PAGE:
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Future classics set for crusher after car makers launch scrappage schemes

Published 22 August 2017

Thousands of future classics are set to be crushed after one of the world’s largest car manufacturers announced it was introducing a scrappage scheme.

Ford is to offer drivers up to £2000 off the cost of a new car when they trade in any petrol or diesel car made before December 2009.

And the manufacturer says classics will not be exempt, adding it will be up to buyers if they want their trade-in to be turned into soup cans.

It is the latest in a raft of manufacturer-backed schemes, with car makers like Mercedes, BMW and Mini recently introducing diesel-only scrappage schemes. Vauxhall has also had a scrappage scheme running on and off for the past few years.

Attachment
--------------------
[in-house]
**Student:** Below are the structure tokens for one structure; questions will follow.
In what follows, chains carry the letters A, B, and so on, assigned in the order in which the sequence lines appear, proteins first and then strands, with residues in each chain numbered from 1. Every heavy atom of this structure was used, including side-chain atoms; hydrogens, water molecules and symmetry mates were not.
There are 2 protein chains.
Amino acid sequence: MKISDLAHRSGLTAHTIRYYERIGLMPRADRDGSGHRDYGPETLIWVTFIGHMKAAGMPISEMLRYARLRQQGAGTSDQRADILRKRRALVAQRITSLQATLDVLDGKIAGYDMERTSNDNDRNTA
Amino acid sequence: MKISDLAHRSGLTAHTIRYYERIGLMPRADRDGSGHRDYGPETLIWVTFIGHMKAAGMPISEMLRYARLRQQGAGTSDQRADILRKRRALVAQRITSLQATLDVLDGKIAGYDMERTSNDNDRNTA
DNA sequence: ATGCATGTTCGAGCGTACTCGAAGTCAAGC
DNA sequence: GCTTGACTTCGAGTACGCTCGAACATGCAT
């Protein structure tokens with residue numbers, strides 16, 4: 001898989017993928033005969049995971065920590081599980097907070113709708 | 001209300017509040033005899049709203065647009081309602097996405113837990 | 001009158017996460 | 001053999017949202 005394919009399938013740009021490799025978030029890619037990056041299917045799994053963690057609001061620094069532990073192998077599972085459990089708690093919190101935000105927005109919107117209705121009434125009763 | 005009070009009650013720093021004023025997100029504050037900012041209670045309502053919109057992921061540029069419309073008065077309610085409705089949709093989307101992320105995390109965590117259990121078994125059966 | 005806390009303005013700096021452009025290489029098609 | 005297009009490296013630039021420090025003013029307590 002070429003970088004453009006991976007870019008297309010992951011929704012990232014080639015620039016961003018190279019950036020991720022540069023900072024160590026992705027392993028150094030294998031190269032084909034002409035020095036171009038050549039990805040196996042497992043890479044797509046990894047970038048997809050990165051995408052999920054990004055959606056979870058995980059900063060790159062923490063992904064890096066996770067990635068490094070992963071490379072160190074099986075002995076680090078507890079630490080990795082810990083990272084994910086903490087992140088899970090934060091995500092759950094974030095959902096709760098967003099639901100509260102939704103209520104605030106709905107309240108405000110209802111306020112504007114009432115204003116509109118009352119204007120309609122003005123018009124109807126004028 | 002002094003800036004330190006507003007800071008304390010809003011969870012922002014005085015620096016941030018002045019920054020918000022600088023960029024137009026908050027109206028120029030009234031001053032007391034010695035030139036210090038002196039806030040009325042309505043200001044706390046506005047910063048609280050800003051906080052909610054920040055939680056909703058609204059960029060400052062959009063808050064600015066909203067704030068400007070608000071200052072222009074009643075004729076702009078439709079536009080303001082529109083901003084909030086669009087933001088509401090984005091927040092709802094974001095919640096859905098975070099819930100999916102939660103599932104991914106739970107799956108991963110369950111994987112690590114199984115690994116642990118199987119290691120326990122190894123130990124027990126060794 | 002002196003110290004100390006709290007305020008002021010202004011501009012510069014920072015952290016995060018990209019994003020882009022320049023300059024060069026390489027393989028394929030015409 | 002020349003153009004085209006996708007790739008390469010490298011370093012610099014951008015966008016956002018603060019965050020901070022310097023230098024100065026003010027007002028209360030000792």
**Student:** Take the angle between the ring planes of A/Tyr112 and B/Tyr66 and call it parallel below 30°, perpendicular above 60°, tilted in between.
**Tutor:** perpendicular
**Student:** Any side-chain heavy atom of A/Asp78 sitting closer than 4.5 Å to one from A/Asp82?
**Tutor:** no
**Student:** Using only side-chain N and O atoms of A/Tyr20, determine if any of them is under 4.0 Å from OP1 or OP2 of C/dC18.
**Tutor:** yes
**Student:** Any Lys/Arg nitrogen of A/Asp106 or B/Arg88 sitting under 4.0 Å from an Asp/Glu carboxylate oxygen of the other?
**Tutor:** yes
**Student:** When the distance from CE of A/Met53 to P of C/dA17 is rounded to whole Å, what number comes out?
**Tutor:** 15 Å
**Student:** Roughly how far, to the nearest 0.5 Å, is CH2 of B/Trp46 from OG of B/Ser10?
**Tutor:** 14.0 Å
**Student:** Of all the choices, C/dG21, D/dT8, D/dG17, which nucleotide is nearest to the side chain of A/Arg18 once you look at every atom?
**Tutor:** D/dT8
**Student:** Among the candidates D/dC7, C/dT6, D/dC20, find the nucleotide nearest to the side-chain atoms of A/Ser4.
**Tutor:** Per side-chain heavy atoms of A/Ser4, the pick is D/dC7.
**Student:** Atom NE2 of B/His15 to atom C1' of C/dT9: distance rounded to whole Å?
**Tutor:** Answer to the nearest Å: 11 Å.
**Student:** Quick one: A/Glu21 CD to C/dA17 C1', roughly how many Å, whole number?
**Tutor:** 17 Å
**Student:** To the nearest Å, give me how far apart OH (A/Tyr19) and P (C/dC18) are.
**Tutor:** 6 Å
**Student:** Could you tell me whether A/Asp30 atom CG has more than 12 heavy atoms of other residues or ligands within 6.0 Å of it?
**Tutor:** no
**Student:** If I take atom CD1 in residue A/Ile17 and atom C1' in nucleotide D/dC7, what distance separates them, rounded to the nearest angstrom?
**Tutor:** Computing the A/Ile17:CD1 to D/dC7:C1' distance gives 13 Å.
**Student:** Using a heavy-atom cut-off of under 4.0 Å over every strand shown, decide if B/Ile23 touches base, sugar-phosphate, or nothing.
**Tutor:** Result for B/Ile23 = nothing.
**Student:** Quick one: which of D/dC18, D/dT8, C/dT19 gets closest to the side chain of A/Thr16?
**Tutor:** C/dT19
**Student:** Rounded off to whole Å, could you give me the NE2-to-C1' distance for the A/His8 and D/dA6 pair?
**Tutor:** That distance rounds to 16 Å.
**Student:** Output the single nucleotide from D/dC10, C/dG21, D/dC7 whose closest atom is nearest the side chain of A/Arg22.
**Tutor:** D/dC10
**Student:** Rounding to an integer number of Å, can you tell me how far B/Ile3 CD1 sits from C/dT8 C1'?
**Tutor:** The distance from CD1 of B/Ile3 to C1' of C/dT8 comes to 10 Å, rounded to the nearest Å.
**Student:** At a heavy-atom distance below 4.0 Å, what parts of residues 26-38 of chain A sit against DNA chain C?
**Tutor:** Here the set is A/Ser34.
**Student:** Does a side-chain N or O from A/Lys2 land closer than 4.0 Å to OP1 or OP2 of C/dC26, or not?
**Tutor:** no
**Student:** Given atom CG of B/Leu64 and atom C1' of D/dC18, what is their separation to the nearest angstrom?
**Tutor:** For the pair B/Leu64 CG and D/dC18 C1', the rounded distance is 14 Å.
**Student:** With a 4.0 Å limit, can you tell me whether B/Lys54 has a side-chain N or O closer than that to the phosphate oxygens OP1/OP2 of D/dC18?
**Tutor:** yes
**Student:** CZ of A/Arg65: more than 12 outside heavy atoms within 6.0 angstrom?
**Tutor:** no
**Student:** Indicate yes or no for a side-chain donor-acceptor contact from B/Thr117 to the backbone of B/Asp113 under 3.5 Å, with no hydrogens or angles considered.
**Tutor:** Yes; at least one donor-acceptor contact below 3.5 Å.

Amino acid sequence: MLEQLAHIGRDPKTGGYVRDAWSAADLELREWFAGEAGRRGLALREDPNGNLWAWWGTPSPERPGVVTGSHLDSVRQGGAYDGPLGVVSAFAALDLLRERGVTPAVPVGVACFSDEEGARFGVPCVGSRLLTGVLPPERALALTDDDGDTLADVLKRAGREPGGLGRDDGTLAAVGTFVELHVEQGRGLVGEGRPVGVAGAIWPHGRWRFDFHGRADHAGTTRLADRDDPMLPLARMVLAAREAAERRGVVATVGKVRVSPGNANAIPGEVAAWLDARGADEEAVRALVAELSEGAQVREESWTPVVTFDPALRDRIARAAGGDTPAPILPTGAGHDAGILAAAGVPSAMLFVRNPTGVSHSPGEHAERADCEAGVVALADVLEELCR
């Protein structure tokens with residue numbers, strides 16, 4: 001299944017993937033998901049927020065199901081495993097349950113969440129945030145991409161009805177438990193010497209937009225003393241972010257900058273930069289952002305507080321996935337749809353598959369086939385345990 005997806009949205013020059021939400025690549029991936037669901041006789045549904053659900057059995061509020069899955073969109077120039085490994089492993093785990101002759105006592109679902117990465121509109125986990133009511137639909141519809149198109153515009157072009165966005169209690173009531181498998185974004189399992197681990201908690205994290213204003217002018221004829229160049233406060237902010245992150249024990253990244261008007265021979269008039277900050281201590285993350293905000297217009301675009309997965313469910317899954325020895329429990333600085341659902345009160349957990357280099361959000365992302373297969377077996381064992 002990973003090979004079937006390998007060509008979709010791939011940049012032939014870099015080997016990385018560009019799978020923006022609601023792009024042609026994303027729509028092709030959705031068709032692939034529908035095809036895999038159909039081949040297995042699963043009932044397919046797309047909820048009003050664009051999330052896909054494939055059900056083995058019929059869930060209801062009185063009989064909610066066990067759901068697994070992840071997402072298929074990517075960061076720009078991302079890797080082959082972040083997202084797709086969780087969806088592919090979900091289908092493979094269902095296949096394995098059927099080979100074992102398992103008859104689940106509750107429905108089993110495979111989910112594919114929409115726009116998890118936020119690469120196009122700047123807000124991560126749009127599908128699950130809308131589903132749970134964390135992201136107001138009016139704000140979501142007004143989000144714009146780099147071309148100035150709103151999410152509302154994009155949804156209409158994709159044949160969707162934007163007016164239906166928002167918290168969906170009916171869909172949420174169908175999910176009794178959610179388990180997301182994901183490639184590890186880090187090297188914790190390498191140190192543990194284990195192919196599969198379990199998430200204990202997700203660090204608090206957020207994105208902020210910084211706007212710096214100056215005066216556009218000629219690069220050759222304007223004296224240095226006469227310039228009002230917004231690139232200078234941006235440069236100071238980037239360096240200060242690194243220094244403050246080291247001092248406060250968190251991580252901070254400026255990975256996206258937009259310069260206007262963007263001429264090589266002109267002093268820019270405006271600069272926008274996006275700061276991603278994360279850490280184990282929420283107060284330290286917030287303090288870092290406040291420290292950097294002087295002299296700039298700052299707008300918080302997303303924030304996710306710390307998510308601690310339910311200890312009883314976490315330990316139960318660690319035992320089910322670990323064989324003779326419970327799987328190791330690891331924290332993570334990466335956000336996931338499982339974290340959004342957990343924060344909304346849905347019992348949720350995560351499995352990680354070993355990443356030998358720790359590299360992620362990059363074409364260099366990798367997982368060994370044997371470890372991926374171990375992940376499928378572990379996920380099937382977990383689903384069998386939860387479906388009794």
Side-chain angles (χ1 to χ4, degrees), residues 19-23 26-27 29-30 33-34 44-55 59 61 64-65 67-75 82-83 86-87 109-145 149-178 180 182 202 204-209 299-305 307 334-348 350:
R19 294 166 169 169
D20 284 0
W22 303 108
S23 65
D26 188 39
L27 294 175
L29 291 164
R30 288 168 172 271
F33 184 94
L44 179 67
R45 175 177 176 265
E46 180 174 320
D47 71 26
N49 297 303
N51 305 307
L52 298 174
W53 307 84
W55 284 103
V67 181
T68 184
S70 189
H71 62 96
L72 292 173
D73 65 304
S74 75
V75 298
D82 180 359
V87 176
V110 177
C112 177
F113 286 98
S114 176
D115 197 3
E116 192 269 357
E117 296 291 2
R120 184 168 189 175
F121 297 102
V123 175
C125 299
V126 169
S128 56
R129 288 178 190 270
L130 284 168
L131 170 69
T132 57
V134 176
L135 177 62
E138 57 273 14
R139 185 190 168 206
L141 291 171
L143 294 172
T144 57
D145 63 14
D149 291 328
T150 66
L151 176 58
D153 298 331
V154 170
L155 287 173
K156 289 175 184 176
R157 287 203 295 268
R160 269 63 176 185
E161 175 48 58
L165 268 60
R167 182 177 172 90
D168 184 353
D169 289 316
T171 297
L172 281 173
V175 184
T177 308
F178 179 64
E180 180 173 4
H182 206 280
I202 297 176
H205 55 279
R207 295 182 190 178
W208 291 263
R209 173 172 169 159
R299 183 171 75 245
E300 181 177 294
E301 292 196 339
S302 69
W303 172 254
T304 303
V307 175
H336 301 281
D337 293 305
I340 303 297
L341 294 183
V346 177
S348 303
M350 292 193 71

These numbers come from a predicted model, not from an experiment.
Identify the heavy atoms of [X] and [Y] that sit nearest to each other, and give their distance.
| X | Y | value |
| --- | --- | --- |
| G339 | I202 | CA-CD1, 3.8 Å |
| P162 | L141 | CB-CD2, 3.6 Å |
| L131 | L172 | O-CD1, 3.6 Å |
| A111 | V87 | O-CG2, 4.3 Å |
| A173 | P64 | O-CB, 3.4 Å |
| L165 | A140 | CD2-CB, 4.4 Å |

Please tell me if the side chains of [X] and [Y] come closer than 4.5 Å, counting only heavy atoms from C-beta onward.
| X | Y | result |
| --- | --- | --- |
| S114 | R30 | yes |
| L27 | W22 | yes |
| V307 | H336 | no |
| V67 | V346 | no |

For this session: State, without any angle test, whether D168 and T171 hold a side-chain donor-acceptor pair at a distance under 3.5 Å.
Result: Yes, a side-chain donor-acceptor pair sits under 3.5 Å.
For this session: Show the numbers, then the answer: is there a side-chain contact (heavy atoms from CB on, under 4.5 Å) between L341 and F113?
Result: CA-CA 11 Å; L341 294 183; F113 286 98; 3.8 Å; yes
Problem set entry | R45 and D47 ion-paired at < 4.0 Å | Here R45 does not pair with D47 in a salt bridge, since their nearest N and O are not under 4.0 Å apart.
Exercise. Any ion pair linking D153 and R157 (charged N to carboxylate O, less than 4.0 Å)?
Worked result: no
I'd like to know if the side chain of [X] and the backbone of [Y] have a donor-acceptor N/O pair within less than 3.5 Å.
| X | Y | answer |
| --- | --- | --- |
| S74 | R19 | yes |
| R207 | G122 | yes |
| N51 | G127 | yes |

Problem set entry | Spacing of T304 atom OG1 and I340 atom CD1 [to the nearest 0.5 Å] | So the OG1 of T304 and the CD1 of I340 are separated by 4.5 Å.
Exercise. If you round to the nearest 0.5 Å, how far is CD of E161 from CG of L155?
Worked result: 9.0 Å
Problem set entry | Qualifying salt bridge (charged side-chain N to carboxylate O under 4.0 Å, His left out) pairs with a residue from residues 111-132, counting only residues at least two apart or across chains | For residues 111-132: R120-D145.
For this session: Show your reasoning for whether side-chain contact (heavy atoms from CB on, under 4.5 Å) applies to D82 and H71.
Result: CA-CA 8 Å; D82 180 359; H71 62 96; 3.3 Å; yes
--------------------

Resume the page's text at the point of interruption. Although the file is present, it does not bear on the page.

Top Ten: Cars killed by the scrappage scheme

However, Government plans for a diesel scrappage scheme are still ongoing – with a further review promised later in the year.

The drive to get polluting diesel cars off the road is being driven by increasing concerns about the UK’s poor air quality.

Critics argue that scrappage schemes are also an easy win for manufacturers who are keen to revive new car sales following months of declining registrations.

Under the last ‘bangers for cash’ scheme during the economic downturn in 2009, at least 15,000 future classics were cubed in a Government-backed effort to revive flatlining new car sales.

Comments

The Gingerous One    on 22 August 2017

Don't worry Keith, I won't let my Rover 620 diesel be a victim of Fords' scheme!

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